Dominican Republic (Dominican Republic) (search for this): article 1
ta, being entitled to the floor, proceeded to consider the Territorial question, to which he was alluding at the time of the adjournment on yesterday. He recapitulated the position that the present territory of the United States was unsuited to slave labor, while there was in the South such a deficiency as to lead to the serious contemplation of re-opening the African slave trade. With regard to the apprehension of the South becoming overrun with slaves, thus converting it into a second San Domingo, he argued that the tendency was the other way — that the demand always exceeded the supply. It had been urged by the gentleman from Albemarle, that in fifty years the South would become Africanized. His own opinion always had been that it would be hundreds of years before the South would require an outlet for the surplus of her slave population; and to sustain this view, he read from a speech in the Senate of the United States, by Mr. Hammond, of South Carolina, within the past year, i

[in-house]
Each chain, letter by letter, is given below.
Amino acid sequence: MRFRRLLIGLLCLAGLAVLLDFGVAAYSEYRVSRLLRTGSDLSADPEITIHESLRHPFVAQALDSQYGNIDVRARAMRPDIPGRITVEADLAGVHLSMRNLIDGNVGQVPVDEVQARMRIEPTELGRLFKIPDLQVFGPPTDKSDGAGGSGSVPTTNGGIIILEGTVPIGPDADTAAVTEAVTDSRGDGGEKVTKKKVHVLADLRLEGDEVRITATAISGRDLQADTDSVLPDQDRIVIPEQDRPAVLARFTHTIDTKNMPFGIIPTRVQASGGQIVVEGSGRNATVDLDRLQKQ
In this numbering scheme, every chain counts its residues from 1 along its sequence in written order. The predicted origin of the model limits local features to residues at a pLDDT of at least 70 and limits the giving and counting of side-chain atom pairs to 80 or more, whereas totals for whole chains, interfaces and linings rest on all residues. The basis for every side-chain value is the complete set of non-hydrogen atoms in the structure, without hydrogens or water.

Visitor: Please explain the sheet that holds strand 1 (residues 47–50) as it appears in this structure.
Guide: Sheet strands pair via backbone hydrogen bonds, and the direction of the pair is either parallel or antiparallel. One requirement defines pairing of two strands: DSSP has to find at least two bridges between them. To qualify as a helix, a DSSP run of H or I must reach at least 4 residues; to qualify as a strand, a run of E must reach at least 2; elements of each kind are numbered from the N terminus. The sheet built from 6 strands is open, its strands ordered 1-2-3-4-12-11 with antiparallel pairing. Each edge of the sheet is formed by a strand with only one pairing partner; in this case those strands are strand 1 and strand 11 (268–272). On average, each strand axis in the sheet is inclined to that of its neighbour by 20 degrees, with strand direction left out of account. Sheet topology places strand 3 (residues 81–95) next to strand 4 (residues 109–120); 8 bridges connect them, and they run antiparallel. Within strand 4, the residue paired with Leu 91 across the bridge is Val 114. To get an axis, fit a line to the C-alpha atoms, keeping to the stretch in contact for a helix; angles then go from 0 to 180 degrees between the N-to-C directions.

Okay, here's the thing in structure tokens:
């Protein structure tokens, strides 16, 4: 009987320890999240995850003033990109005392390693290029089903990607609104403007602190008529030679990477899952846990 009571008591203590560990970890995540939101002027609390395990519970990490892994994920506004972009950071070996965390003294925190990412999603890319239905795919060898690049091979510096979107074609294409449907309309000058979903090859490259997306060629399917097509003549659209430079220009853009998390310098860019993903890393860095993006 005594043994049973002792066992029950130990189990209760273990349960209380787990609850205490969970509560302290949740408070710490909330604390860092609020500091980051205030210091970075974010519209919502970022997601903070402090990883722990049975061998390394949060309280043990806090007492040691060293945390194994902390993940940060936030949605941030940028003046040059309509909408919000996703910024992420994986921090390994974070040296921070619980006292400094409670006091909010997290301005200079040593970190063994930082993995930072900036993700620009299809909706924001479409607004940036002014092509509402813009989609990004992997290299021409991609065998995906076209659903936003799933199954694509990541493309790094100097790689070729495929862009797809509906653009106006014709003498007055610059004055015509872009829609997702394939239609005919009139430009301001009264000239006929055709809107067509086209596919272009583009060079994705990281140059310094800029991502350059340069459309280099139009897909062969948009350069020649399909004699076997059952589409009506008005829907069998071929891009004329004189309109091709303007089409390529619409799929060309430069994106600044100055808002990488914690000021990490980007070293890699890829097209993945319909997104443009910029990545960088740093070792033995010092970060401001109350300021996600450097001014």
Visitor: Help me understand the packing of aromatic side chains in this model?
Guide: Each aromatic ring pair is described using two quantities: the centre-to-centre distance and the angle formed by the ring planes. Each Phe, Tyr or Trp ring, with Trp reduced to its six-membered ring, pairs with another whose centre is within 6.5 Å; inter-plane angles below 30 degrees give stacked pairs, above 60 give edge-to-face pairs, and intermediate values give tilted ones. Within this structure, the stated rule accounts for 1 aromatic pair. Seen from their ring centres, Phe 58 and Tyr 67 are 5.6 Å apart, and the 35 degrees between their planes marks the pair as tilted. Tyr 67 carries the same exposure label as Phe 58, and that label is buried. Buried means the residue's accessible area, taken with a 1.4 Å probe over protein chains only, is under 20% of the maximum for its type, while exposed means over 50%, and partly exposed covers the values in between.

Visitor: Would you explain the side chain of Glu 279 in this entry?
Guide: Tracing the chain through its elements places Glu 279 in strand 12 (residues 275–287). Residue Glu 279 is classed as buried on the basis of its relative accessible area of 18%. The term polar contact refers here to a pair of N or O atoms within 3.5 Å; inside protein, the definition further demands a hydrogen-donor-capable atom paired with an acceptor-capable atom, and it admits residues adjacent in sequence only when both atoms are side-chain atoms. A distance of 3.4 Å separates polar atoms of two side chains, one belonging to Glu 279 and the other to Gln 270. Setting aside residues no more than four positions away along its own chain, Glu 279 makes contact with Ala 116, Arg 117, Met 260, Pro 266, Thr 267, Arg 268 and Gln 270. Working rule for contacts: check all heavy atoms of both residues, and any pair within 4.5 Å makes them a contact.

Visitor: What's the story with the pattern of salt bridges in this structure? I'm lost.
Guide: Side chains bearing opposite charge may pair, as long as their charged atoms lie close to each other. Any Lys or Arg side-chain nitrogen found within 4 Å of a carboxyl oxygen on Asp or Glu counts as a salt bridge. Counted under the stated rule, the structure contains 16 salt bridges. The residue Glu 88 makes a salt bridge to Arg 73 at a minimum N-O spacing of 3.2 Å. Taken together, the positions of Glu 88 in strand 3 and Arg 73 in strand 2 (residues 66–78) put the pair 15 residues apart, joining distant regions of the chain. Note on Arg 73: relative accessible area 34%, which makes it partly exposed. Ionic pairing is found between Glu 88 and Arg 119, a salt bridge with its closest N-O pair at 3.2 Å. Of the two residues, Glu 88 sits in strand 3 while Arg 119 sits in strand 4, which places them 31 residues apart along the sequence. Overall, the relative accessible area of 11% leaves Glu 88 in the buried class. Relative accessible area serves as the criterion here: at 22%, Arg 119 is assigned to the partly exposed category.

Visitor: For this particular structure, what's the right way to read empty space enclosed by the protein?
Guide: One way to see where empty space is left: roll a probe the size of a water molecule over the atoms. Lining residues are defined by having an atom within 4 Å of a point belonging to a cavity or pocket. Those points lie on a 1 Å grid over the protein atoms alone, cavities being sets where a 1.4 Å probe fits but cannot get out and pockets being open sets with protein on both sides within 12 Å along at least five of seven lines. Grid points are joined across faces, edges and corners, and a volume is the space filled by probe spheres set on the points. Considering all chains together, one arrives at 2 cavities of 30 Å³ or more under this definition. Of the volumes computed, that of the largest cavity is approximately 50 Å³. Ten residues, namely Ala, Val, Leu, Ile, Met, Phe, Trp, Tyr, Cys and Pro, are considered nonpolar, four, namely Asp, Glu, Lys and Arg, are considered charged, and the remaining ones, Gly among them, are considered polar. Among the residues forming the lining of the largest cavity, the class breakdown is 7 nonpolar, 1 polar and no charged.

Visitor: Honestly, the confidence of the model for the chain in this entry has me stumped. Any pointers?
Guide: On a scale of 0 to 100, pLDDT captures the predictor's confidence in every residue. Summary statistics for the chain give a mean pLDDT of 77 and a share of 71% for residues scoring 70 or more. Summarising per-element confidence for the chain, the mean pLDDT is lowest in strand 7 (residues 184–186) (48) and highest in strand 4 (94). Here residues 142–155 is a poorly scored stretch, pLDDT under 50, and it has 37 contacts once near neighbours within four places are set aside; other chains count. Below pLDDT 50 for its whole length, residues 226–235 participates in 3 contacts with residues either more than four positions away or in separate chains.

Rockbridge (Virginia, United States) (search for this): article 1
Mr. Wise begged to assure him that he never cried out crucify South Carolina; but had there been an attack upon her he would have fought side by side with him in her defence. Mr. Bruce went on to pay his respects to Messrs. Moore, of Rockbridge, and Baldwin, of Augusta, of whom he had little hope, and made humorous allusions which excited the merriment of the members as well as the spectators. The argument of the gentleman from Albemarle (Mr. Holcombe) as to the impossibility of turnmember of the Convention, and he hoped that all would remain after the adjournment and witness the ceremony. He then submitted a motion for adjournment, but withdrew it at the request of Mr. Dorman. Retaliatory Measure. Mr. Dorman, of Rockbridge, offered the following resolution: Resolved, That this Convention recommend to the General Assembly the passage of a law imposing a license tax on the sale by retail, within Virginia, of the products or manufactures of such Northern States